5 Scary Haunted Hotels
The Crescent Hotel, located in historic Eureka Springs Arkansas, prides itself in being called America’s “most haunted” hotel. While other hotels may lay claim to that title, I can’t argue with the moniker due to the personal experiences I had while staying there in its most famously haunted room - 218.
The Crescent was built in 1886 and has served as a hotel, experimental cancer hospital, and community college over its 120+ year history. Abandoned for several years in the 1940s the hotel was restored to its Victorian opulence in 1972.
Employees of the hotel are accustomed to odd sightings. Several spirits seem to have taken up permanent residence there – that of a woman roaming the hallways and another of a little boy displacing cookware and cutlery in the Crystal Dining Room kitchen.
While hauntings have been reported throughout the hotel, room 218 is perhaps the most famously haunted area. The room is reputed to be haunted by the ghost of a stonecutter named Michael who fell to his death in the area where the room is today. Reports of toilets flushing on their own, lights flashing on and off and guests waking in the middle of the night feeling an unseen hand pushing on their backs are quite common.
The Crescent Hotel gained national notoriety in recent years after being featured on the SciFi Channel’s show “Ghost Hunters” and given the hosts’ seal of approval as a legitimately haunted place. Infrared footage of a dark silhouette was captured during their investigation.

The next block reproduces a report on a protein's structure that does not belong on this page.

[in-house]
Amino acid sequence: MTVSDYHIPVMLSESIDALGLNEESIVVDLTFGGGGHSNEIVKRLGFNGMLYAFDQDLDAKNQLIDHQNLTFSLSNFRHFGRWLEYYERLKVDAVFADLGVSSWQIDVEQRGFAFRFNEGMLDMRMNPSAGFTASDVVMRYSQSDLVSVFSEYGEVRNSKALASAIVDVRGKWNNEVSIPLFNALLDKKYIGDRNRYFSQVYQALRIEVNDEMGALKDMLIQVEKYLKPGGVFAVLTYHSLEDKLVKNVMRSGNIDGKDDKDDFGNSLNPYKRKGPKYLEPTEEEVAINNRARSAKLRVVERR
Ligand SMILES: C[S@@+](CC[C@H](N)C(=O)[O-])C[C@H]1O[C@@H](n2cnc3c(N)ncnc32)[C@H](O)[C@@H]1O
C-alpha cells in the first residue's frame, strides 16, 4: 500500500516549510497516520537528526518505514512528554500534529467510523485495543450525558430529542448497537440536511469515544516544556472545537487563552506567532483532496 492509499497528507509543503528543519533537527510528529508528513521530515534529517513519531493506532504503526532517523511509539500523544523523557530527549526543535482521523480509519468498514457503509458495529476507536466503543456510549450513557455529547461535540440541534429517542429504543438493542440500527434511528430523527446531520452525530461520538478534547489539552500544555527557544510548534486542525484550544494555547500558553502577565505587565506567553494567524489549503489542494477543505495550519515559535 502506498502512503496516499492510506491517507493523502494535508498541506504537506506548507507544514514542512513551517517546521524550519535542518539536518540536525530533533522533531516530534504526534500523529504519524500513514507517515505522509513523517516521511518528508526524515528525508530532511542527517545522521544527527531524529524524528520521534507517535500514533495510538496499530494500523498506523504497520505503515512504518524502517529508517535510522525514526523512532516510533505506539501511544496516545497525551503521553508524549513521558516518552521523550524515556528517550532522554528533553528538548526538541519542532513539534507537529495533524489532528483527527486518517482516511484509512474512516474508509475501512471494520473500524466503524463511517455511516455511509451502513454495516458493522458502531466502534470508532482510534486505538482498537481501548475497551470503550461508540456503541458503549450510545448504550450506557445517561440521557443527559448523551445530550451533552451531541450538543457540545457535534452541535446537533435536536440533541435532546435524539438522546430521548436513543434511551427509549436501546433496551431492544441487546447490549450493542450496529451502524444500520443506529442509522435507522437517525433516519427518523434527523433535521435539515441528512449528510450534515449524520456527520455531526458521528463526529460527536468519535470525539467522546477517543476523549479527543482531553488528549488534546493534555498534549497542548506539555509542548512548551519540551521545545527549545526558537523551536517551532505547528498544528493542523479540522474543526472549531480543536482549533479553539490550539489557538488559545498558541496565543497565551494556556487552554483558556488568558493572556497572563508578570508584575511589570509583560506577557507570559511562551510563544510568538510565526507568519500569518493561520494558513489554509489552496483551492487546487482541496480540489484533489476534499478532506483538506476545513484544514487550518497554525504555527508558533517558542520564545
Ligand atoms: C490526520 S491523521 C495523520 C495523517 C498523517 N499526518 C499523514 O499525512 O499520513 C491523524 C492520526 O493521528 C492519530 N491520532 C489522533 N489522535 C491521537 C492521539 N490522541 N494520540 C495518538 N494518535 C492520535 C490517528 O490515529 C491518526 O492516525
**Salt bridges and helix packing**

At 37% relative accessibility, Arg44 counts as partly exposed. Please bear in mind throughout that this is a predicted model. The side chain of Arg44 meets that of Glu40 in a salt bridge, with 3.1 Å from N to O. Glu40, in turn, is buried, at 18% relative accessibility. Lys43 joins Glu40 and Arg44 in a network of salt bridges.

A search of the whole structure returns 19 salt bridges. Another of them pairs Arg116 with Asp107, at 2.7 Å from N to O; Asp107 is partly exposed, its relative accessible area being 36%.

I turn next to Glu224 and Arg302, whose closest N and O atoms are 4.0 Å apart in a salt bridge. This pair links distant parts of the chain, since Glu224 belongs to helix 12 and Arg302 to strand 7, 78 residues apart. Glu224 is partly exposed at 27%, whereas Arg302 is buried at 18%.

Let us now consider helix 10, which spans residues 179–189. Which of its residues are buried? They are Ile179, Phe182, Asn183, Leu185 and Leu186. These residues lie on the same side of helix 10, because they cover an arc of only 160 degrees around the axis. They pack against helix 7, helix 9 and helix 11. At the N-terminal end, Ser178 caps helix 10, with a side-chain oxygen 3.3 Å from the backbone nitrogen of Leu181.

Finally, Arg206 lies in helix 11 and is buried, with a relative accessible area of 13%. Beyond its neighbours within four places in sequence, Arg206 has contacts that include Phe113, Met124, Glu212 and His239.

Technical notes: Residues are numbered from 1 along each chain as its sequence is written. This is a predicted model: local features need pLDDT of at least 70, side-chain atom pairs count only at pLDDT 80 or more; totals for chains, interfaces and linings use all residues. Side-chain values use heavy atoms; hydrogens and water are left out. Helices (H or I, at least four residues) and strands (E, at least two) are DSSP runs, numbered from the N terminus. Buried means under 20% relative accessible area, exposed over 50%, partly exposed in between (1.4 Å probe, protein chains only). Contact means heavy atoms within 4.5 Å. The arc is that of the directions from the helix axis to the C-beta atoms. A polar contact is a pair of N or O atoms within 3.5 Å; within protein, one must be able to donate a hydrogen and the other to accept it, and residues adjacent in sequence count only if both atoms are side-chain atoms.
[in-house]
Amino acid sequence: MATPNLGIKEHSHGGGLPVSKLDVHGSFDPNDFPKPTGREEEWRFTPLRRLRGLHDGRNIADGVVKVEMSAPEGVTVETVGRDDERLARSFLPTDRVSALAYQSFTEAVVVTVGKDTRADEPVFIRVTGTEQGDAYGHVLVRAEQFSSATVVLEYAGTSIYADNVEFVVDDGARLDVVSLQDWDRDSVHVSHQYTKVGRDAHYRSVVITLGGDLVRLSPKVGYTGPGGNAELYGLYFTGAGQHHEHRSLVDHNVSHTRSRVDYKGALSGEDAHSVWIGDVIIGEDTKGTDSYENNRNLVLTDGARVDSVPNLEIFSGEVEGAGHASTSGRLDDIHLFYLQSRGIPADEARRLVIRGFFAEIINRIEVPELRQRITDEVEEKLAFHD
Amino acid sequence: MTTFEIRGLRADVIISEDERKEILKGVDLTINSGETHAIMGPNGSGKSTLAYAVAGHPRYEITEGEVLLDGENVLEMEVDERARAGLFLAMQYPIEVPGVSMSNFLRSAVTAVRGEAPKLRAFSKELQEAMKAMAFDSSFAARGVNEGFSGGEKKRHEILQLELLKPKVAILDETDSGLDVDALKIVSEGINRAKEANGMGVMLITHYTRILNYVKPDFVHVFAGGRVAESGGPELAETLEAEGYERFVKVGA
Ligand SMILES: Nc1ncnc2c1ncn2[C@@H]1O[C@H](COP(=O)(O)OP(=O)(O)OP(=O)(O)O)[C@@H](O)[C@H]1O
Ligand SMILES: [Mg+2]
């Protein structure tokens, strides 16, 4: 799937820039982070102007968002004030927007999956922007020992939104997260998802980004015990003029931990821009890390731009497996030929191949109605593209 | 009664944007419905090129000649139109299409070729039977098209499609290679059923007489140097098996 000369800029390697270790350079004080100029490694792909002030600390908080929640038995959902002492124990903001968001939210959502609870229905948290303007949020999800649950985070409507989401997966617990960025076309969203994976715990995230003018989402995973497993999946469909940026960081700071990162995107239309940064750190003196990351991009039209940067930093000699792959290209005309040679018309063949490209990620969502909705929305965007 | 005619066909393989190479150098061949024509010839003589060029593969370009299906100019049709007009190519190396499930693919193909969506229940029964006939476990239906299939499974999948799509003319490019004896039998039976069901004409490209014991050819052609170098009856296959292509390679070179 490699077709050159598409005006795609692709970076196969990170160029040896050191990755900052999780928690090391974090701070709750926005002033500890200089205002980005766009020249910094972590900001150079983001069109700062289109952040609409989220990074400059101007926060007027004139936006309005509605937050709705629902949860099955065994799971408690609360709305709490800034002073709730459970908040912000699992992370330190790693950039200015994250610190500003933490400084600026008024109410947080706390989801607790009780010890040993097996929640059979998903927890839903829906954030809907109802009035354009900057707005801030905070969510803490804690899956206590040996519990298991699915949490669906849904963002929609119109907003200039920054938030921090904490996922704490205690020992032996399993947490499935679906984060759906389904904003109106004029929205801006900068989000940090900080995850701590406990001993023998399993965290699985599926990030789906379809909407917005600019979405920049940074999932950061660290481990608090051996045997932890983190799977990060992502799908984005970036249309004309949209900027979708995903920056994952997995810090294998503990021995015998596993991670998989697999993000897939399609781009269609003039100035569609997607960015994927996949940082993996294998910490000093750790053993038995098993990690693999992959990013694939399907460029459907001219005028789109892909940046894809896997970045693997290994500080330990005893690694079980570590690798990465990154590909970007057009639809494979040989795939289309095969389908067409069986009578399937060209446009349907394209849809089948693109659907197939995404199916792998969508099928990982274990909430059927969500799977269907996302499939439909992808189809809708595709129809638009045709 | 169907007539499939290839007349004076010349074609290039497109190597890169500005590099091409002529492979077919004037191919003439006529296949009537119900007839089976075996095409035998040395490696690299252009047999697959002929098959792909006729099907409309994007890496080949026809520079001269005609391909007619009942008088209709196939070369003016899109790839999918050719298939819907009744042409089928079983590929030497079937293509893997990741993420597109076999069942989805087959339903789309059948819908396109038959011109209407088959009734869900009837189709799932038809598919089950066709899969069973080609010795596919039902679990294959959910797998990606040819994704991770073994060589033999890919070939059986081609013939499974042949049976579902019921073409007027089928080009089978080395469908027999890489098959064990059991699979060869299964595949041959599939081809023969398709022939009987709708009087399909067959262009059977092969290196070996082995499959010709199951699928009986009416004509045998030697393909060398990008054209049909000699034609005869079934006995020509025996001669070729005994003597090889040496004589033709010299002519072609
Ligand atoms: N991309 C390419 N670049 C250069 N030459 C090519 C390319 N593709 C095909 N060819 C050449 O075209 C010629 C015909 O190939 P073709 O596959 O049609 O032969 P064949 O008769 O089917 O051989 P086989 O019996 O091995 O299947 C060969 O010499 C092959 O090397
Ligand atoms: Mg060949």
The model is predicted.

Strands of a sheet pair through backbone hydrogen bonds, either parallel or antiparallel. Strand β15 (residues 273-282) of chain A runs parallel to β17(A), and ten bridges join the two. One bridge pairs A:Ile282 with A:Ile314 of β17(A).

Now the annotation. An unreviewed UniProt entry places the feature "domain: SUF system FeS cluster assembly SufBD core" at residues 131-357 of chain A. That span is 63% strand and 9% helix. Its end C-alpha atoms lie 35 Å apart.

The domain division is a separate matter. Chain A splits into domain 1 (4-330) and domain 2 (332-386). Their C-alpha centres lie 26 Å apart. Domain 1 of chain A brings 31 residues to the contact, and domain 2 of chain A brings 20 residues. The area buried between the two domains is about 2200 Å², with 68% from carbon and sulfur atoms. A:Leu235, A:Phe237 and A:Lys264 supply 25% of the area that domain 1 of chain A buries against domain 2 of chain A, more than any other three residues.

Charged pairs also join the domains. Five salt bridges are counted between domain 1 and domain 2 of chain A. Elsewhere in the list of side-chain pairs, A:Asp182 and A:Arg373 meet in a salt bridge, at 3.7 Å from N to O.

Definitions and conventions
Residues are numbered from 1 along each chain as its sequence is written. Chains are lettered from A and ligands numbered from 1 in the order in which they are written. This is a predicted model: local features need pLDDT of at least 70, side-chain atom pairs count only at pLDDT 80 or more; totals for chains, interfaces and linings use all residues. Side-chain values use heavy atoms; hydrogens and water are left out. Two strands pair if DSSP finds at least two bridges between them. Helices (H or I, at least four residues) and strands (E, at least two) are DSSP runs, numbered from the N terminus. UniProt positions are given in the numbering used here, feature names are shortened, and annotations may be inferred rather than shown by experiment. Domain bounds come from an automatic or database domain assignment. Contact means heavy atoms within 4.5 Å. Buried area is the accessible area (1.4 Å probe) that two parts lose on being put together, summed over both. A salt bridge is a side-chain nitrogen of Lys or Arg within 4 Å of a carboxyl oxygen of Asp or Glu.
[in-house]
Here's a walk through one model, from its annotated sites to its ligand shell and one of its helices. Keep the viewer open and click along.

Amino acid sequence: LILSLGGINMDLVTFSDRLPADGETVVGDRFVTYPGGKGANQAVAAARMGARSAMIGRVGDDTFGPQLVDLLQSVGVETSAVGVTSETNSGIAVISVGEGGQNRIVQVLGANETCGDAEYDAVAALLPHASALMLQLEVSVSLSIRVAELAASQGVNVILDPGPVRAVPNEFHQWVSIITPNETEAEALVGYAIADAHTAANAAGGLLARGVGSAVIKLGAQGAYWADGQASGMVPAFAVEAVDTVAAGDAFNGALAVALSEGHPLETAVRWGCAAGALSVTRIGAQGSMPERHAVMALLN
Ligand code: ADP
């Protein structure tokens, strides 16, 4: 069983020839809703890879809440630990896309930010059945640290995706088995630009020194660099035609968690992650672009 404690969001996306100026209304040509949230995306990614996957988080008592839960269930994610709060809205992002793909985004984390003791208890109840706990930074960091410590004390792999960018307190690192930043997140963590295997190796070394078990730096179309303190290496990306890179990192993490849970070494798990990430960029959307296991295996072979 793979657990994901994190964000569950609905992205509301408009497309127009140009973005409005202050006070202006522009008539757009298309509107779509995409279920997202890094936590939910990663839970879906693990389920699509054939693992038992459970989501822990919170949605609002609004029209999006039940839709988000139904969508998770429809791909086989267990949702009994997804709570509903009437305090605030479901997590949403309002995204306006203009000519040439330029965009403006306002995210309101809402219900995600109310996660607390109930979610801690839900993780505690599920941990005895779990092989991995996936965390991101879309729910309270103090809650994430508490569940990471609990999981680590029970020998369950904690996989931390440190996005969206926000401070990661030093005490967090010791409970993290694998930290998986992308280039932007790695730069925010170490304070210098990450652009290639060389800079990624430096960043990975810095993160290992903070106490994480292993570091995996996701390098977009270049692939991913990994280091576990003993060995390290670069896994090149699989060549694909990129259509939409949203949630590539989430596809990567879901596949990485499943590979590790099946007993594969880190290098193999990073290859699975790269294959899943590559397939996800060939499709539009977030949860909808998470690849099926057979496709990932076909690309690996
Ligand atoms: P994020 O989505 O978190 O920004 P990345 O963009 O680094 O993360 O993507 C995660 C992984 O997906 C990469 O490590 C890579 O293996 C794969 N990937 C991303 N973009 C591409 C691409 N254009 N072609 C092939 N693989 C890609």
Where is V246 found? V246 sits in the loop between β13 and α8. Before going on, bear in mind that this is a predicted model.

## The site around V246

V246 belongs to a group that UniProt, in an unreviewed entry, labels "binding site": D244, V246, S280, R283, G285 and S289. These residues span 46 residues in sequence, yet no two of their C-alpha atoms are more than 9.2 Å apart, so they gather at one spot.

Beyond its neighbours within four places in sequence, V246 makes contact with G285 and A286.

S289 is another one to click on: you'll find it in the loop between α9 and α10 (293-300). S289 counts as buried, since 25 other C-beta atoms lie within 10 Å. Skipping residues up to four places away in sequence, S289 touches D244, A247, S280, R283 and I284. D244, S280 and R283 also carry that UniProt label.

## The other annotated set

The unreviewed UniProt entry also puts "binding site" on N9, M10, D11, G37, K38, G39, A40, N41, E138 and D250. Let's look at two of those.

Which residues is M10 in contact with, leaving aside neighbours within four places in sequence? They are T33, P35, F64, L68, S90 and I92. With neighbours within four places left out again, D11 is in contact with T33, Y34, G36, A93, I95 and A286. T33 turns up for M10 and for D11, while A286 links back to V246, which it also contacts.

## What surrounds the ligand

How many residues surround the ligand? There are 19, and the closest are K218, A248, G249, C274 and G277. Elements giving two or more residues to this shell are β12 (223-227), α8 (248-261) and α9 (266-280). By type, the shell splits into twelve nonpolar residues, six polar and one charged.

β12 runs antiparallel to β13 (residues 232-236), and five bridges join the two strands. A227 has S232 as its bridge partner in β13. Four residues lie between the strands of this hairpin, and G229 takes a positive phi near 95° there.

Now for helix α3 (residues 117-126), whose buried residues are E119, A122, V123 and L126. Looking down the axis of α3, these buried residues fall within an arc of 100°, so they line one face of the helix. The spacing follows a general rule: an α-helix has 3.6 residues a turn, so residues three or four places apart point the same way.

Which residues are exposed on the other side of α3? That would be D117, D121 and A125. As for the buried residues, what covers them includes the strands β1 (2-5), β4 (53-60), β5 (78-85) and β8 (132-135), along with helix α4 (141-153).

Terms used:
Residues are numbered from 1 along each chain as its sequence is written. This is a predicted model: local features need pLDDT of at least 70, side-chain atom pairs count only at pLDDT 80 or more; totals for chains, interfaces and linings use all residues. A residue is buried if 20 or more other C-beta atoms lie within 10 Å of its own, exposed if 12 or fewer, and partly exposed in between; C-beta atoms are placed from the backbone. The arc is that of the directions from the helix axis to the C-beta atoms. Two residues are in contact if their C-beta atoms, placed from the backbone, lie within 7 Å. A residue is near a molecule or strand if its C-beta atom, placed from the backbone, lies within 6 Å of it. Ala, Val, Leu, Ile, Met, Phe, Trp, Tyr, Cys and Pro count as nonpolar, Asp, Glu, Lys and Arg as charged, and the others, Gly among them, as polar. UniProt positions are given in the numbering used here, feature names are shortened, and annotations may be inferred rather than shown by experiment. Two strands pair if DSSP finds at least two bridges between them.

During my stay at the Crescent, I couldn’t escape an eerie feeling that enshrouded me during my visit. My wife felt it too and claimed she couldn’t shake the feeling that she was being watched. In the morning our bath water wouldn’t heat up while the rest of the hotel enjoyed hot water. Certainly strange…but perhaps the strangest occurrence of all was the fact that our daughter was conceived there - and born on Halloween.
Castle Leslie, located on 1000 acres of meticulously kept grounds in Glaslough, County Monaghan, Ireland has been home to the Leslie family for over 300 years. What was once Glaslough Castle was originally deeded to the Leslie family in 1665. A popular attraction with celebrities, the goal of a retreat to Castle Leslie is to be cut off from the annoyances of modern day life. Here you will find no telephones, televisions, or radios, but you will find gourmet meals (a cooking school is on site), an equestrian center, and a private hunting lodge. Castle Leslie is 5-star luxury hotel with an eccentric twist. The Castle is famous for its wacky showers and outrageous toilets.